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1301.0 - Year Book Australia, 2004  
Previous ISSUE Released at 11:30 AM (CANBERRA TIME) 27/02/2004   
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Contents >> Industry structure and performance >> Industry productivity

Multifactor productivity (MFP) statistics provide a measure of changes in the efficiency of production. These measures are used by both government and private organisations to help gauge the effect of changes in work practices, technology, education and training.

MFP is the ratio of a measure of economic output to a combination of two or more factor inputs. In simple terms, MFP represents that part of the change in production that cannot be explained by changes in the measured inputs.

MFP statistics use chain volume industry GVA as the measure of economic output. Two inputs are used: labour (hours worked) and capital. The capital input used is a measure of different capital assets such as dwellings, other buildings and structures, and machinery and equipment, along with livestock, intangibles and non-agricultural land.

This means that MFP largely represents the effects of technical progress, improvements in the work force, improvements in management practices, and economies of scale. MFP can also be affected in the short to medium term by other factors such as the weather, and by variations in capacity utilisation associated with the business cycle.

Caution needs to be exercised in interpreting productivity measures as they are derived as a residual and are therefore subject to any errors in the output and input measures.

MFP measures are calculated for the market sector, an industry grouping comprising the following industries: agriculture; forestry and fishing; mining; manufacturing; electricity, gas and water supply; construction; wholesale trade; retail trade; accommodation, cafes and restaurants; transport and storage; communication services; finance and insurance; and cultural and recreational services. These are industries with marketed activities for which there are satisfactory estimates of the growth in the volume of output.

MFP estimates are subject to growth in the business cycle. It is for this reason that MFP growth is generally analysed as average growth rates from the peak of one growth cycle to the peak of another. This analysis assumes that labour is being utilised to the same degree at each peak in the growth cycle.

Graph 13.8 shows the MFP index for the market sector from 1991-92 to 2001-02. Over the most recent business growth cycle (1993-94 to 1998-99), MFP of the market sector has grown annually, on average, by 1.8%. This was more than twice the average annual growth rate over the previous business growth cycle (0.7% between 1988-89 and 1993-94).

Graph - 13.8 Multifactor productivity of the market sector - 2001-02


MFP statistics are available only for the market sector as a whole. Although MFP is the more comprehensive measure of productivity, the ABS also produces industry labour productivity indexes. One measure of labour productivity, an index of industry GVA in chain volume measures per hour worked, is useful because it is provided for each market sector industry.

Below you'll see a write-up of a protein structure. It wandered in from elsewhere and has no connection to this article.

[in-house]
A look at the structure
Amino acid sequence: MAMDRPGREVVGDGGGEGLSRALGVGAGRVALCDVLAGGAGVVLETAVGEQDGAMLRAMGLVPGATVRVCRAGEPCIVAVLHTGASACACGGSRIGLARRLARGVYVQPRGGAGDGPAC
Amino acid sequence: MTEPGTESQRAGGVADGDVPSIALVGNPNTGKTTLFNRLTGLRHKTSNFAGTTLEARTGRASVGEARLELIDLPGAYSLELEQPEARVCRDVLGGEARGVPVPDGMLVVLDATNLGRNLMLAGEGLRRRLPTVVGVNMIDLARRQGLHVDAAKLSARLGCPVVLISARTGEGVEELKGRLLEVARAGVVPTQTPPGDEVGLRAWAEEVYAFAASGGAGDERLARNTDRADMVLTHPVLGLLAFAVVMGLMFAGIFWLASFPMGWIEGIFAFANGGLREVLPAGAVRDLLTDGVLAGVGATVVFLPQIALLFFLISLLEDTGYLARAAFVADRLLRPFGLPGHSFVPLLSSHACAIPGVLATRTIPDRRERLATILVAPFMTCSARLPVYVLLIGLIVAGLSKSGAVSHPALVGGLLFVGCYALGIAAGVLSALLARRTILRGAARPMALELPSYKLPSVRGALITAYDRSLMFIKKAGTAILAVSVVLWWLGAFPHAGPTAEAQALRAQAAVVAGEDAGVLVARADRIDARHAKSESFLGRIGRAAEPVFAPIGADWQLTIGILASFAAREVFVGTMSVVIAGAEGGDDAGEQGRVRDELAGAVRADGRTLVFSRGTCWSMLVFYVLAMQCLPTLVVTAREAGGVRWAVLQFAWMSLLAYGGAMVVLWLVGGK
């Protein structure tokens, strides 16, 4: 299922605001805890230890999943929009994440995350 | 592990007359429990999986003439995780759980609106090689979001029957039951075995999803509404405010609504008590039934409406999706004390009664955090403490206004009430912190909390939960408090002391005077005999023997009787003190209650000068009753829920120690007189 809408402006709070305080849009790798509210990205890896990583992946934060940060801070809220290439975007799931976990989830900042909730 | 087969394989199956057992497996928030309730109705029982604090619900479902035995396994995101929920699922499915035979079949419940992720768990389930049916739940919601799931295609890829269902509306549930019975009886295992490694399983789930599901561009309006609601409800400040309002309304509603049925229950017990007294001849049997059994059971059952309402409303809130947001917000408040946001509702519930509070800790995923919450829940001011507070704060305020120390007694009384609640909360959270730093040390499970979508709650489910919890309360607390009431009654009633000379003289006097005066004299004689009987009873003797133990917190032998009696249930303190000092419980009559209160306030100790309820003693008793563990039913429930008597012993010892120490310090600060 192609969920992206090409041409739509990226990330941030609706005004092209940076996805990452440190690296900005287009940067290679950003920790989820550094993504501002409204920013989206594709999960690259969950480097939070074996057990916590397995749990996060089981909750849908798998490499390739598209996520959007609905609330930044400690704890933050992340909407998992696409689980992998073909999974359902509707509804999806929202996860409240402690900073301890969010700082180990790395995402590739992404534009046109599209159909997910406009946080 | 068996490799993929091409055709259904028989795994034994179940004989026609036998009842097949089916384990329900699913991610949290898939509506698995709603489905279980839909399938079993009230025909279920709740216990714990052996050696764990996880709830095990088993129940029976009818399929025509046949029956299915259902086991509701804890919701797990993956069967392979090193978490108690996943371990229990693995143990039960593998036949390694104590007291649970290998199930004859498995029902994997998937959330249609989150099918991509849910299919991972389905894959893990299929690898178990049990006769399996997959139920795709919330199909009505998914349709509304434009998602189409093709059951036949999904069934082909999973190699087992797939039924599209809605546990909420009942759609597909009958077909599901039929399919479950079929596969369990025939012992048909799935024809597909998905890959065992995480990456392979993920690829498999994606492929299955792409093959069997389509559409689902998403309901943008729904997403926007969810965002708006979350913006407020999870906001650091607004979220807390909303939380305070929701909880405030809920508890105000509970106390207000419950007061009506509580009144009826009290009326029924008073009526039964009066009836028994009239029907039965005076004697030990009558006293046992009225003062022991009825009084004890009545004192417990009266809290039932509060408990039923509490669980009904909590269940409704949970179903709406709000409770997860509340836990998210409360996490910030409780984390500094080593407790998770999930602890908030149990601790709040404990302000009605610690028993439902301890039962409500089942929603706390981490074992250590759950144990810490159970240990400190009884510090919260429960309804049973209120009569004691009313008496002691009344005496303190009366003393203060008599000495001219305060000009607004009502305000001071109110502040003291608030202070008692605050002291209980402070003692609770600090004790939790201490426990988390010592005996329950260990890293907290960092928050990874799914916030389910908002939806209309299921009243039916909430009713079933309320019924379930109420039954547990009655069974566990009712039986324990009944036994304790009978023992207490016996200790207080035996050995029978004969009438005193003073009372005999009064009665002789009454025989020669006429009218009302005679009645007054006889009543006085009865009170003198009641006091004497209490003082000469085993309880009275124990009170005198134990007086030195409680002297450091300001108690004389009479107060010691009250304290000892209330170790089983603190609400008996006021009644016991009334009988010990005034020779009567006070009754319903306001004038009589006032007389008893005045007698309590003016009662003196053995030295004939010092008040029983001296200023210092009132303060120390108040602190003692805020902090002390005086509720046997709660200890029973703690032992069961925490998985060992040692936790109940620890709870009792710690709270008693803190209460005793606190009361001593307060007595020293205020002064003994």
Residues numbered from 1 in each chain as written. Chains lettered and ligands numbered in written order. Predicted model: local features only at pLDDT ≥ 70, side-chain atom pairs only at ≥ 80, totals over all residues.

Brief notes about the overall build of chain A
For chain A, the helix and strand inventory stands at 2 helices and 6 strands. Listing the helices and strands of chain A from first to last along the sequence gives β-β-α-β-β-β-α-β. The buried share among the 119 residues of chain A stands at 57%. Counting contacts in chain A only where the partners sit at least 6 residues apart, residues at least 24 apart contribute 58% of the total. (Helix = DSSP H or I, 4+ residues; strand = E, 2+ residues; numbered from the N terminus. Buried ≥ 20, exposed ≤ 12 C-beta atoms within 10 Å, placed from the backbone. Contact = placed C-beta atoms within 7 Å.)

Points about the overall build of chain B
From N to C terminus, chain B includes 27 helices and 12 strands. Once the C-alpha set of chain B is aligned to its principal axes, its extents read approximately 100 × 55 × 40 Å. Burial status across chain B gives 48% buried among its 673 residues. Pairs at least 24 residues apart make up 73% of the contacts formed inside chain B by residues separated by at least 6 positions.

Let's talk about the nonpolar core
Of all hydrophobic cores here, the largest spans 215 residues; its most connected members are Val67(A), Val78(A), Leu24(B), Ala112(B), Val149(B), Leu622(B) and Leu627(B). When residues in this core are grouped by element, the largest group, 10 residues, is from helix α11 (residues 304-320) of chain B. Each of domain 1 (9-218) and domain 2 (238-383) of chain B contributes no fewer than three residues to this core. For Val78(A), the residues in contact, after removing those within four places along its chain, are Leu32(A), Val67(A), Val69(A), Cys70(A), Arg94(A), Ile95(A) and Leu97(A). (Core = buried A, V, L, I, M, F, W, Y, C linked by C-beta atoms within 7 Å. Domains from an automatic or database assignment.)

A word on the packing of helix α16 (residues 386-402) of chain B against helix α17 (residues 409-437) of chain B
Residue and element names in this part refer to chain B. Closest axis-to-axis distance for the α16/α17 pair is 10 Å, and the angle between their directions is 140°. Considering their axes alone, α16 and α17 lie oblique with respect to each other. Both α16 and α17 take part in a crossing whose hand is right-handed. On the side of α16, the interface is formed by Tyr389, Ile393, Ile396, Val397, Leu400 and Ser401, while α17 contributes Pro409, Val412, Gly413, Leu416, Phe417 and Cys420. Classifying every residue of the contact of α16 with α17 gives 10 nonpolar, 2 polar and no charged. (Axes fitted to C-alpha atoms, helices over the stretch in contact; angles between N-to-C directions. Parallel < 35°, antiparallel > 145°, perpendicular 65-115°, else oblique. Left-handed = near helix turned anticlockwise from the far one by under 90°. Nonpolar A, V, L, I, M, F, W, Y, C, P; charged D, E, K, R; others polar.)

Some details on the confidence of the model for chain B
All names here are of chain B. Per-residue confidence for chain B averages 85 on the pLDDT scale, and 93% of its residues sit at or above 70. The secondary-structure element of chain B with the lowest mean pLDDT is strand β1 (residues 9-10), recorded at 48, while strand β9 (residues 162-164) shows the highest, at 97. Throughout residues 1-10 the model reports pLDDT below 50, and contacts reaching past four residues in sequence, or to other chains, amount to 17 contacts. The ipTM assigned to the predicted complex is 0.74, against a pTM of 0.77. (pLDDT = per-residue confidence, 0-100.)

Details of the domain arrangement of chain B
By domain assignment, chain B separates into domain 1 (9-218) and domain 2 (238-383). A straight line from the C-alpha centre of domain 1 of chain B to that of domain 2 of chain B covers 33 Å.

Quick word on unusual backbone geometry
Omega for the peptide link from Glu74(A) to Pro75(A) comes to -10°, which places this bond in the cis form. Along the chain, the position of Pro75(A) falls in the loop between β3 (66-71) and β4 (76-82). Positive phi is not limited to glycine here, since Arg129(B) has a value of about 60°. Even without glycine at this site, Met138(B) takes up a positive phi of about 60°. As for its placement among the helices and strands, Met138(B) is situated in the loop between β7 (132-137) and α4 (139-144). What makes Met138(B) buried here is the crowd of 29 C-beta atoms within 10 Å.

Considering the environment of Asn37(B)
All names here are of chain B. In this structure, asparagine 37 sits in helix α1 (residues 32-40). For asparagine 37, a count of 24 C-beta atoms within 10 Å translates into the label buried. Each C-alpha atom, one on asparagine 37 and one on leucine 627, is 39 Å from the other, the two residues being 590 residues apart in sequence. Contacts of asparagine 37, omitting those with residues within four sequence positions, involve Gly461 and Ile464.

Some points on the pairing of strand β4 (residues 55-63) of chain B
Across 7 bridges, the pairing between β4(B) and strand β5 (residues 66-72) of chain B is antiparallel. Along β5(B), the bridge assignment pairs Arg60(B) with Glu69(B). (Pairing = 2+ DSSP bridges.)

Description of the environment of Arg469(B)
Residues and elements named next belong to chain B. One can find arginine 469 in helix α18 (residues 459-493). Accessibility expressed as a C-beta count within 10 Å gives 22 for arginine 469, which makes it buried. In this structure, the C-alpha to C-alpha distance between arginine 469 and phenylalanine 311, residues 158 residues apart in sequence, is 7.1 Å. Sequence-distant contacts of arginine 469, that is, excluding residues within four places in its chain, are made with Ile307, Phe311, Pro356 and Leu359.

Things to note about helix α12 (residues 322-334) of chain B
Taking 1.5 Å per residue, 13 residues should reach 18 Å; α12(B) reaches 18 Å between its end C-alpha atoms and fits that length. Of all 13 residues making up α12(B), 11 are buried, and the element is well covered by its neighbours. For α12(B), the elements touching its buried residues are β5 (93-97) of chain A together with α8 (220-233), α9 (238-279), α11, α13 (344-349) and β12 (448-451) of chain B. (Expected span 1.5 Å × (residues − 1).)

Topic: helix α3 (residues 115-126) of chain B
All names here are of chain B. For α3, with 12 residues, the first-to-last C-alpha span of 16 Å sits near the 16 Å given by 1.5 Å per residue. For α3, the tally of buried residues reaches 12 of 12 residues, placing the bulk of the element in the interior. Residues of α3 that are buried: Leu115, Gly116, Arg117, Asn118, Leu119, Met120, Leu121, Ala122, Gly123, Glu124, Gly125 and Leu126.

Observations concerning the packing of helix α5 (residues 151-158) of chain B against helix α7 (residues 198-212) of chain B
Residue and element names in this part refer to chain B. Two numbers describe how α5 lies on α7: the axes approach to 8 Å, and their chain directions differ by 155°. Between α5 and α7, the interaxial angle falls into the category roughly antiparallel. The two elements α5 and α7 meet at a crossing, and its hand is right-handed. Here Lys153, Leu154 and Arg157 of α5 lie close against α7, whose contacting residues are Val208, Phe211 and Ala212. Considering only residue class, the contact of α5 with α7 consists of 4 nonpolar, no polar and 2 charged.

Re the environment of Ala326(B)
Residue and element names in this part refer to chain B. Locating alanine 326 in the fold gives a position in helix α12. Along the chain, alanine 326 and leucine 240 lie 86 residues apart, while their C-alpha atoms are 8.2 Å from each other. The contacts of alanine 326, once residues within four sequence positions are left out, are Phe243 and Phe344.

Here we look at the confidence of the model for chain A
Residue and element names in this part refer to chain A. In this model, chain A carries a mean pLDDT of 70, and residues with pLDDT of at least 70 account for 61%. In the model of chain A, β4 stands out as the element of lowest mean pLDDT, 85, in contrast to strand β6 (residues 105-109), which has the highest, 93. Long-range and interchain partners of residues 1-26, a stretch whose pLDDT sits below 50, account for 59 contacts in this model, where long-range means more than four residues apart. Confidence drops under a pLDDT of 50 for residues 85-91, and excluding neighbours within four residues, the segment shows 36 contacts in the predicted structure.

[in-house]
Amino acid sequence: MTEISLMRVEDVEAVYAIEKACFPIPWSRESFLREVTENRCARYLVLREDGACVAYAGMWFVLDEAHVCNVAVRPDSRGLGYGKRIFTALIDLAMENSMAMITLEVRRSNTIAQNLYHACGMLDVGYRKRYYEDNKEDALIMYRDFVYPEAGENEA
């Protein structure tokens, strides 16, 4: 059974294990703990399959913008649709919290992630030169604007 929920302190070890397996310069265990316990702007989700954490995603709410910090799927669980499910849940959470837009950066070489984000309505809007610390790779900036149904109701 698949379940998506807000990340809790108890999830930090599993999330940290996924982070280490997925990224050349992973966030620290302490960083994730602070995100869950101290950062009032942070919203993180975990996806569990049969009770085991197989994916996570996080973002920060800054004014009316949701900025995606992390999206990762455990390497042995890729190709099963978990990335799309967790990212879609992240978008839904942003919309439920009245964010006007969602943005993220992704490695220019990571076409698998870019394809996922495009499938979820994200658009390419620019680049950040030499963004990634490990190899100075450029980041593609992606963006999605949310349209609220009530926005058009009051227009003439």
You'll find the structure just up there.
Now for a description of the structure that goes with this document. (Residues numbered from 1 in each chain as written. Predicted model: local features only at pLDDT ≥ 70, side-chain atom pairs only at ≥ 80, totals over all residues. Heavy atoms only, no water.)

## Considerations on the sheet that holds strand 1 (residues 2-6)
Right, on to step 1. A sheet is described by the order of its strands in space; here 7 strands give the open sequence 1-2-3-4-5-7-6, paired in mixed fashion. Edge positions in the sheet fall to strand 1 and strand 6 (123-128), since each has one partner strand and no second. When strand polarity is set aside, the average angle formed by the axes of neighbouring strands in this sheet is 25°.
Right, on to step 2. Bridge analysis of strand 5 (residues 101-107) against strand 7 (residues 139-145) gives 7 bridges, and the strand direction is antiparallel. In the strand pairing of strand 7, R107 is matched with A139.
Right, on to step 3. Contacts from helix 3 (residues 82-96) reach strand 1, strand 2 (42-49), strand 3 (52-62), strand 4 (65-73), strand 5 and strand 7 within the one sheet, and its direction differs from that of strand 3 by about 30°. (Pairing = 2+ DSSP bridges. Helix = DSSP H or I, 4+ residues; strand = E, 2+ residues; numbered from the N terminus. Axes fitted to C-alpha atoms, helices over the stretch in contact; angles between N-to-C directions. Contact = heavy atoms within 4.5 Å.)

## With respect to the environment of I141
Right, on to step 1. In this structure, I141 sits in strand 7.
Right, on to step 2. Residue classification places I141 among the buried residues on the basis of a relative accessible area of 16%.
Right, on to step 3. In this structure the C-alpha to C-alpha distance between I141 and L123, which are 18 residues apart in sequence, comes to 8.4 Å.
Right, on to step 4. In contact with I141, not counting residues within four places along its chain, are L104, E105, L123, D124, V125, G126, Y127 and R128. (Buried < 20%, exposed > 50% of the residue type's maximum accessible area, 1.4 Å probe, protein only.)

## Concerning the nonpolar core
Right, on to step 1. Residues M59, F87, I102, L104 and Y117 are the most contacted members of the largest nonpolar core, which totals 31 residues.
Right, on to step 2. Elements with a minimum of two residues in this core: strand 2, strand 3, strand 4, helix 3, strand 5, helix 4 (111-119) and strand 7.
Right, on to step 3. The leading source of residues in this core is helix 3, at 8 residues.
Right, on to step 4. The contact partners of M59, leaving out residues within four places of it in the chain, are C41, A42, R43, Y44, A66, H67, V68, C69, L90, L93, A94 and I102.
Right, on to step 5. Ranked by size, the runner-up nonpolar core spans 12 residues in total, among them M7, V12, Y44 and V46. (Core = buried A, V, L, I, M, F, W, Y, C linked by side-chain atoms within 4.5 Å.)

Labour productivity is constant if there is no change in the amount produced (chain volume GVA) per hour worked. Changes in this ratio reflect changes in the average skill or productivity level of the workforce. This measure reflects not only the contribution of labour to changes in production but also the contribution of capital and other factors (e.g. technological changes and managerial efficiency).

Movements in employment and hours worked tend to lag movements in GDP. The implication being, in the period of the growth cycle when the growth in output is declining, indexes of labour productivity are also likely to decline, particularly if rapid growth in GDP is abruptly ended. Conversely, labour productivity indexes are likely to grow strongly when the economy comes out of a cyclical trough.

Graph 13.9 shows the average annual rate of growth in the amount produced per hour worked for market sector industries over the most recent business growth cycle (1993-94 to 1998-99). Over this period, the average annual growth rate was 3.4% for the market sector as a whole.

Most of the market sector industries increased their productivity per hour worked. Between 1993-94 and 1998-99, the industries with the highest average annual productivity growth rates were communication services (7.3%), electricity, gas and water supply (7.2%), wholesale trade (6.8%) and mining (5.2%). Negative growth was seen only in the cultural and recreational services industry. On average, this industry's productivity fell by 0.7% per annum between 1993-94 and 1998-99.

In the previous business growth cycle (1988-89 to 1993-94), market sector productivity per hour worked grew, on average, by 2.3% each year. The communication services industry and the electricity, gas and water supply industry were again the top two productive industries in terms of growth in amount produced per hour worked. The mining industry was the third most productive industry (rising on average by 5.3% each year). In this cycle, negative growth in amount produced per hour worked was seen in the accommodation, cafes and restaurants (-1.6%), wholesale trade (-1.4%) and cultural and recreation services (-0.4%) industries.

The biggest increase in productivity between the two business cycles (1988-89 to 1993-94 and 1993-94 to 1998-99) was in the wholesale trade industry. This industry's average annual productivity was 8.2 percentage points greater in the most recent cycle compared to the previous cycle.

Graph - 13.9 Average annual rate of growth in amount produced per hour worked, Market sector industries - 1993-94 to 1998-99


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